VFW: Woodstock Wasn't the Only Thing Happening 40 Years Ago

While some in the media have been dusting off their love beads, bell-bottoms and broomstick skirts in an effort to wax nostalgic about Woodstock, the VFW has reminded its members that the world did not stop for those four days in August 1969.

In fact, for 109 American soldiers, the world ended that weekend.

VFW Magazine honored those soldiers in the August 2009 cover story, “While Woodstock Rocked, GIs Died.”

Much has been made over the “half a million strong” that flocked to a dairy farm in rural New York to celebrate music and peace. Richard K. Kolb instead compared the coverage Newsweek and Time gave to the festival while shortchanging American efforts in Vietnam.

“Newsweek described them as 'a youthful, long-haired army, almost as large as the U.S. force in Vietnam,” wrote Kolb. Time claimed Woodstock “may well rank as one of the significant political and sociological events of the age.” The same article referred to the Vietnam as the “meaningless war in the jungles of Southeast Asia” and cited sociologist Amitai Etzoni, who stated that “the young need opportunities for authentic service.”

As for those that gave the ultimate sacrifice in the name of “authentic service” Kolb reported, “The casualties they sustained over those four days were genuine, yet none of the elite media outlets were praising their selflessness.

But unlike Woodstock's audience, labeled by Newsweek as “the nation's affluent white young,” Kolb wrote that the soldiers killed that weekend “mirrored the population of the time.”

Kolb offered statistics to prove his case:

A full 92 percent were white (seven of whom had Spanish surnames) and 8 percent black. Some 67 percent were Protestants; 28 percent Catholic. A disproportionate number – more than one-third – hailed from the South. More than two-thirds were single; nearly one-third married. Not surprisingly, the vast majority (91 percent) were under the age of 30, with 78 percent between the ages of 18 and 22.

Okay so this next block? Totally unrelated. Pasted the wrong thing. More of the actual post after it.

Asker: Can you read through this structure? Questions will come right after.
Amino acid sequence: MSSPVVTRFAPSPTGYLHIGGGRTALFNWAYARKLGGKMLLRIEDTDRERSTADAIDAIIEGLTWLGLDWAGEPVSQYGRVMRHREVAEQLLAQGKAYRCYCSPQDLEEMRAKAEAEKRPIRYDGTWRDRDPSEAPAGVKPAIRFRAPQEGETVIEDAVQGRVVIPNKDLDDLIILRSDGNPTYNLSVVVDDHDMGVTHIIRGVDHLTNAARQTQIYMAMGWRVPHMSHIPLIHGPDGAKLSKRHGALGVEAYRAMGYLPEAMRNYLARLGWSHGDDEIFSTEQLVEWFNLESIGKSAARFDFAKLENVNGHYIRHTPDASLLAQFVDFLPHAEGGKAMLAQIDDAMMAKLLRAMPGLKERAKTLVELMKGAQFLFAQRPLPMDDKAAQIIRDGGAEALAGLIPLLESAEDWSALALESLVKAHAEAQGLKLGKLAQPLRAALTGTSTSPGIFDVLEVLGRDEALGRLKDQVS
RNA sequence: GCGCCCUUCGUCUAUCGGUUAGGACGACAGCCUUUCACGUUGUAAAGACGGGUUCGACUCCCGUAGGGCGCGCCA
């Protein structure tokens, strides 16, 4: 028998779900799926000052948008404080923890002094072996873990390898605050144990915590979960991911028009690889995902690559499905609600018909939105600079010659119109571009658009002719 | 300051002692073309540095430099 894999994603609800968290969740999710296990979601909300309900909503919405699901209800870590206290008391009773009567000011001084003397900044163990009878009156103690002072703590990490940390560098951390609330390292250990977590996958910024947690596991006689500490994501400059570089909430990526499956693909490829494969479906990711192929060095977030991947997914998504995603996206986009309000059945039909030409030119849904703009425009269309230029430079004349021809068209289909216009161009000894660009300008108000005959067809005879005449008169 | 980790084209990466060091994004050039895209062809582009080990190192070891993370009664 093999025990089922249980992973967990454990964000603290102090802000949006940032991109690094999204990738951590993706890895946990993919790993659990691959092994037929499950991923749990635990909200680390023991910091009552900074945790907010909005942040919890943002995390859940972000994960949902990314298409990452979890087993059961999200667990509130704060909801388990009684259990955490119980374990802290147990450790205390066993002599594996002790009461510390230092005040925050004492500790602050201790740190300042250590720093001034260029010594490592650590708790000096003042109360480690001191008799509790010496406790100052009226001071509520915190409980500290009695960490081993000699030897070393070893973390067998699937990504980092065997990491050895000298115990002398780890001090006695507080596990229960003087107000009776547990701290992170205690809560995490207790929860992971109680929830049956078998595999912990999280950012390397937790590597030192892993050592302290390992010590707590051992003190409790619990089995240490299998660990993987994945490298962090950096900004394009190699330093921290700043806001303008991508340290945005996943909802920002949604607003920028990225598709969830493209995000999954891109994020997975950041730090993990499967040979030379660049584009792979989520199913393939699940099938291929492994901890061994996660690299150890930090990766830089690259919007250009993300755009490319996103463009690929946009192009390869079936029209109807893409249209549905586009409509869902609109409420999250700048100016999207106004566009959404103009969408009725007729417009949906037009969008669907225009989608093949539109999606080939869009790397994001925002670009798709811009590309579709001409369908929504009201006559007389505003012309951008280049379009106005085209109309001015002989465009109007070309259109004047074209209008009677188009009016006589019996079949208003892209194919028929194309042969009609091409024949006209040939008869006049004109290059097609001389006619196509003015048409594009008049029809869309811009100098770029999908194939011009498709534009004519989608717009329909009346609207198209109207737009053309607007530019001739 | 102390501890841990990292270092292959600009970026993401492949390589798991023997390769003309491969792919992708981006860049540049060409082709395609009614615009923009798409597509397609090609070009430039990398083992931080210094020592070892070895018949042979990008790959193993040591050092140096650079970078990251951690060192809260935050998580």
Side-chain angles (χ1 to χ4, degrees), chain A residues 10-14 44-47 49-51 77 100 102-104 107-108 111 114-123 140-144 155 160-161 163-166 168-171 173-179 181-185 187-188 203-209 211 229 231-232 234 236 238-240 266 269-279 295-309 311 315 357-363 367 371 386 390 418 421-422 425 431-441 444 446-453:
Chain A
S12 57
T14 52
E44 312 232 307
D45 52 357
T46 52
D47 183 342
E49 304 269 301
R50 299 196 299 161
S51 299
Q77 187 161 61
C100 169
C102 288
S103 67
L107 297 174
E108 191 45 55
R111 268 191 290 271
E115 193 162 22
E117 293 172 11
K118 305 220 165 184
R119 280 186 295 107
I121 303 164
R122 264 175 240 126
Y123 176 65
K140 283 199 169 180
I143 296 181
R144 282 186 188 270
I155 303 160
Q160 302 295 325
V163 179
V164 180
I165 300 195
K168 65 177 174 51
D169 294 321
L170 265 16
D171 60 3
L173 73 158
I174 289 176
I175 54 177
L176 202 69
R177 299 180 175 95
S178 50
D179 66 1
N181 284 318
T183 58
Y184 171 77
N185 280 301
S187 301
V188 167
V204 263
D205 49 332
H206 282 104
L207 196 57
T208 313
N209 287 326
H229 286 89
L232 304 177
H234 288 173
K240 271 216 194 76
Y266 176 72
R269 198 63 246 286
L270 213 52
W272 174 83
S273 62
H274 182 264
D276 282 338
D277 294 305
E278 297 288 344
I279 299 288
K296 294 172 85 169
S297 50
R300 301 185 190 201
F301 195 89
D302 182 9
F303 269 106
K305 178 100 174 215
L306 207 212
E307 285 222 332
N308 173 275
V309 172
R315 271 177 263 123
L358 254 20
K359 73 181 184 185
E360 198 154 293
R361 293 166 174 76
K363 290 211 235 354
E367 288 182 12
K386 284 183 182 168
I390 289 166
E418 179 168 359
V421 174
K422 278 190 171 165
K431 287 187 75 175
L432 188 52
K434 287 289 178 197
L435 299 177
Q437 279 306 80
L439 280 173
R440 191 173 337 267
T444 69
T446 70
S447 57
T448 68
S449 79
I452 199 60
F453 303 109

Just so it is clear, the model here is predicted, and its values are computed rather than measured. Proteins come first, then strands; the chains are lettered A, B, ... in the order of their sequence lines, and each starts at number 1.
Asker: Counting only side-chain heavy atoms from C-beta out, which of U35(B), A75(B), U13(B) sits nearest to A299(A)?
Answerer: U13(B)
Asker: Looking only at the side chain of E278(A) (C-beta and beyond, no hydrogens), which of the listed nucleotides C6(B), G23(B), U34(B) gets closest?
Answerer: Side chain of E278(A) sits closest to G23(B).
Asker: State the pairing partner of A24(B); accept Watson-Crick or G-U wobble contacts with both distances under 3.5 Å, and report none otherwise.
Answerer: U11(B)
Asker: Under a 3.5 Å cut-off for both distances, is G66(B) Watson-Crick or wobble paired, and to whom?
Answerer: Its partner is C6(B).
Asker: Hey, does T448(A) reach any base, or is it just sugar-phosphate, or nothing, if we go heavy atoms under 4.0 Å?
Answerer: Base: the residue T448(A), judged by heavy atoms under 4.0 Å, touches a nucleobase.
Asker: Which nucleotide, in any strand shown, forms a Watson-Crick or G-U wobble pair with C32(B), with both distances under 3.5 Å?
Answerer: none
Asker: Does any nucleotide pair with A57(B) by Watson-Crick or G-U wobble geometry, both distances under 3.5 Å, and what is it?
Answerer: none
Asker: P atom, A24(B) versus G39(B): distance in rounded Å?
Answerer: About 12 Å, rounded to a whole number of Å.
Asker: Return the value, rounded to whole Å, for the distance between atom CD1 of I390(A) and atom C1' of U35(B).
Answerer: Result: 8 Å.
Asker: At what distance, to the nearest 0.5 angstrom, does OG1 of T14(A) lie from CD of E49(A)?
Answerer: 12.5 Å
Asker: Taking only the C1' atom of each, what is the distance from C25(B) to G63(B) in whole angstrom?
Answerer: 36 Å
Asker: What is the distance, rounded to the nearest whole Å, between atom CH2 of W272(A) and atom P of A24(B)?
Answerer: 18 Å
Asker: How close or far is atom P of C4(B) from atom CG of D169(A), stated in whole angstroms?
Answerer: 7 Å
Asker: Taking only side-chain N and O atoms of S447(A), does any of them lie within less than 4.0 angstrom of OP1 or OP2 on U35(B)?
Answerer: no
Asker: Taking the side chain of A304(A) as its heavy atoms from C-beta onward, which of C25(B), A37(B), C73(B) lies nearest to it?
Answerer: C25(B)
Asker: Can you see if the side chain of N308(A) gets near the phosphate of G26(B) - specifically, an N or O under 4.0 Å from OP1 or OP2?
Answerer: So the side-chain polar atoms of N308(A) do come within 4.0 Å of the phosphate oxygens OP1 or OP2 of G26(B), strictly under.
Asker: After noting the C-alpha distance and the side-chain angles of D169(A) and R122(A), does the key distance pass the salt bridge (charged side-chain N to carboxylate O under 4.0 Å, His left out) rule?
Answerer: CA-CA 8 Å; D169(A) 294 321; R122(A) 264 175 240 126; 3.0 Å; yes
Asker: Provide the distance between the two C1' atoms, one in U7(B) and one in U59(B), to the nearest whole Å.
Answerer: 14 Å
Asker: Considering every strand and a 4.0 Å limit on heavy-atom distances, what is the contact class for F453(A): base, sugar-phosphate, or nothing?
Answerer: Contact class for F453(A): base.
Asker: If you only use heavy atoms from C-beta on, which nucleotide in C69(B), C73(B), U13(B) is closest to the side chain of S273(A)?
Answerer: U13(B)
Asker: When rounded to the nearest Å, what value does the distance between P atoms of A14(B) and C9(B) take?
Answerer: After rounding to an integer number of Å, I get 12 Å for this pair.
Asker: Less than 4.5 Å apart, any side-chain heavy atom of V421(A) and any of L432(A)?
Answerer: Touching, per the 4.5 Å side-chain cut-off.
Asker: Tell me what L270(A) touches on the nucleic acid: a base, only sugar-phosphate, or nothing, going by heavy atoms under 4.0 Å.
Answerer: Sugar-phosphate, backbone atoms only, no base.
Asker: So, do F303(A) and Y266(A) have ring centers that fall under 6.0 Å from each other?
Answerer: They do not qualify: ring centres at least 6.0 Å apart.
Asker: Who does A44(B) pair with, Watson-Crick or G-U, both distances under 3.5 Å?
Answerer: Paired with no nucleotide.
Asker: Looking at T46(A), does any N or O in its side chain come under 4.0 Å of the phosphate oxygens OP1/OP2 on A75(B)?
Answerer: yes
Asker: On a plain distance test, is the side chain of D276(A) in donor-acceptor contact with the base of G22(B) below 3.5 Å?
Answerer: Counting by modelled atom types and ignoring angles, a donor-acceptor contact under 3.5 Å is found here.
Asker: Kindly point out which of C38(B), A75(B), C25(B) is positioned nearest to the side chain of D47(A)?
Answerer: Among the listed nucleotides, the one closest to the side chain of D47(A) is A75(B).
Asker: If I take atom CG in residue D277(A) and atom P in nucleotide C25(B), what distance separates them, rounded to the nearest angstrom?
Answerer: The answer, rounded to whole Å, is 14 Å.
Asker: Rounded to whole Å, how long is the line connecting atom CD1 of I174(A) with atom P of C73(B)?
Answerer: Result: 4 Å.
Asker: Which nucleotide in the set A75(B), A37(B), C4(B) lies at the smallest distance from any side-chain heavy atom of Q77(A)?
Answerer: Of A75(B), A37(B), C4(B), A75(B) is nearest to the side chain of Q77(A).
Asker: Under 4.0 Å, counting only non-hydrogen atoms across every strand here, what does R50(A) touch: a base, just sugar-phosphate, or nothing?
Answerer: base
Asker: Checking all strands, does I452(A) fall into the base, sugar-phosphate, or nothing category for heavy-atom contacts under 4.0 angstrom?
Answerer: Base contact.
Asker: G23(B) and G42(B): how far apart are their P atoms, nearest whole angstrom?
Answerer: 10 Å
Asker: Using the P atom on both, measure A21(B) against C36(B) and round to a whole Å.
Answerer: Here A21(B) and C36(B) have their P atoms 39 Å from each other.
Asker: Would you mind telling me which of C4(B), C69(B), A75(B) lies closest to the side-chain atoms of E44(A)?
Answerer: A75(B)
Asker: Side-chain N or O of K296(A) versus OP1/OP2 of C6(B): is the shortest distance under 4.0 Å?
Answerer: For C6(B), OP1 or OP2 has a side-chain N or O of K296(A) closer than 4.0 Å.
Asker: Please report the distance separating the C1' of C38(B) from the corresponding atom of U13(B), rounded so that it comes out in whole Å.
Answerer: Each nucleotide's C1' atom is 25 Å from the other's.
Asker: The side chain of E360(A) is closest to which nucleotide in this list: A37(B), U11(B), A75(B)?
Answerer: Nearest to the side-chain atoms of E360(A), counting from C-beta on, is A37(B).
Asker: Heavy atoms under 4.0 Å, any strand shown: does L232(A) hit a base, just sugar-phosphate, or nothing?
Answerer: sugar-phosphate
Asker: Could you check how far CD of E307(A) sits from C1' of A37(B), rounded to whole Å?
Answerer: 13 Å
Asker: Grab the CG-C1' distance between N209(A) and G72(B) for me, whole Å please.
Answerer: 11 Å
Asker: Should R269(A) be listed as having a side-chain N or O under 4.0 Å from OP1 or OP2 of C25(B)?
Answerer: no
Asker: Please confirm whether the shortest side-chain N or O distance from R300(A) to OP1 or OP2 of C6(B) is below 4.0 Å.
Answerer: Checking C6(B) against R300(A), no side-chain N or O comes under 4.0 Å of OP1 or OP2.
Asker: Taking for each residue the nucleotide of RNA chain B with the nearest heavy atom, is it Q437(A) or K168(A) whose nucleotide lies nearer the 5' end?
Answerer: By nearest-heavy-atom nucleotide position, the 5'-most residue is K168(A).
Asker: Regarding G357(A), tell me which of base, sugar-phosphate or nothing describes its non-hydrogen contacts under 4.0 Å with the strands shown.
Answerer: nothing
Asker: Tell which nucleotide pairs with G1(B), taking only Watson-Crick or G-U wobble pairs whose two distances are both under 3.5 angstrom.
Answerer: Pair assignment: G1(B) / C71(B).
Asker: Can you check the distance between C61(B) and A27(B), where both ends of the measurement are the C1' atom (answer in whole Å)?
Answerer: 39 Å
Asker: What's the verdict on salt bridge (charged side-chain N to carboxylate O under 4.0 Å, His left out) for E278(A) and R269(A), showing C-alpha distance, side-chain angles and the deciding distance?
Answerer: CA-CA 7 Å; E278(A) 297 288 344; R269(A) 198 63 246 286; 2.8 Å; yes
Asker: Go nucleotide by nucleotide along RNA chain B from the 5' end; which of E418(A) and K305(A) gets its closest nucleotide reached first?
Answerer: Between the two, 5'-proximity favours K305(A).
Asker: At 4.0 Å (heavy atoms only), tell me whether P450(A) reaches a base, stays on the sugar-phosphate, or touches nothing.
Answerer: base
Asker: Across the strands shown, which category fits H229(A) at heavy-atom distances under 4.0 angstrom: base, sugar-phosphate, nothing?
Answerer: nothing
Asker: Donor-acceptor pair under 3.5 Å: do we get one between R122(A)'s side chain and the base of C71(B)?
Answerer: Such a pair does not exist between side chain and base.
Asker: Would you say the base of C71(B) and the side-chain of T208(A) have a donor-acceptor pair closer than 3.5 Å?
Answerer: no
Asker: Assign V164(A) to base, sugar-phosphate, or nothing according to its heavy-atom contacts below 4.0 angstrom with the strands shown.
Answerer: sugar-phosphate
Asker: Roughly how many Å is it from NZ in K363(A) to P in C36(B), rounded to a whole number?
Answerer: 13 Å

Kolb also poignantly noted, “Of the four days, Aug. 18 – the last day of “peace and love” in the Catskills when the 50,000 diehards departed after the final act – was the worst for the men in Vietnam. Thirty-five of them died on that one miserable day.”

Thirty-five died. Hundreds more were wounded. On August 9, 2009, The Washington Post ran a story about a man who figured prominently if briefly in the legend of Woodstock. As Post staff writer Neely Tucker described it:

It was like the second day of the festival and Rodgers, 6-foot-5 and about 120 pounds, all of 19 years old, staggered out of the Port-O-San portable toilet, marijuana pipe in hand, and wow, there were guys with cameras, making what became the iconic film "Woodstock." Rodgers's blue shirt was open, he was unwashed and unkempt, his brown hair was an unruly wad on top of his head, and he was about 17 tokes over the line.

"Want some? Want some?" he says to the filming crew, offering hits. He's got this goofy grin. He says "Far out!" and "Out of sight!" For lo these many years, the lovable pothead scene has been a fan favorite.

Tucker's article caught up with Rodgers, forty years on, using nearly 1,500 words to sketch the unremarkable life of an unreconstructed hippie. It is perhaps too much to ask that the Post spill even a fraction of that ink to chronicle the life of one of the hundreds of Americans who were wounded that weekend on the other side of the world. It doesn't fit the self-congratulatory nostalgia.

The sacrifice and service that ultimately changed and, in the case of 109, ended the lives of many young Americans is not the defining notion of that summer weekend in 1969. They are overshadowed by the 500,000 people that crowded onto a farm for three days of self indulgence and … entertainment.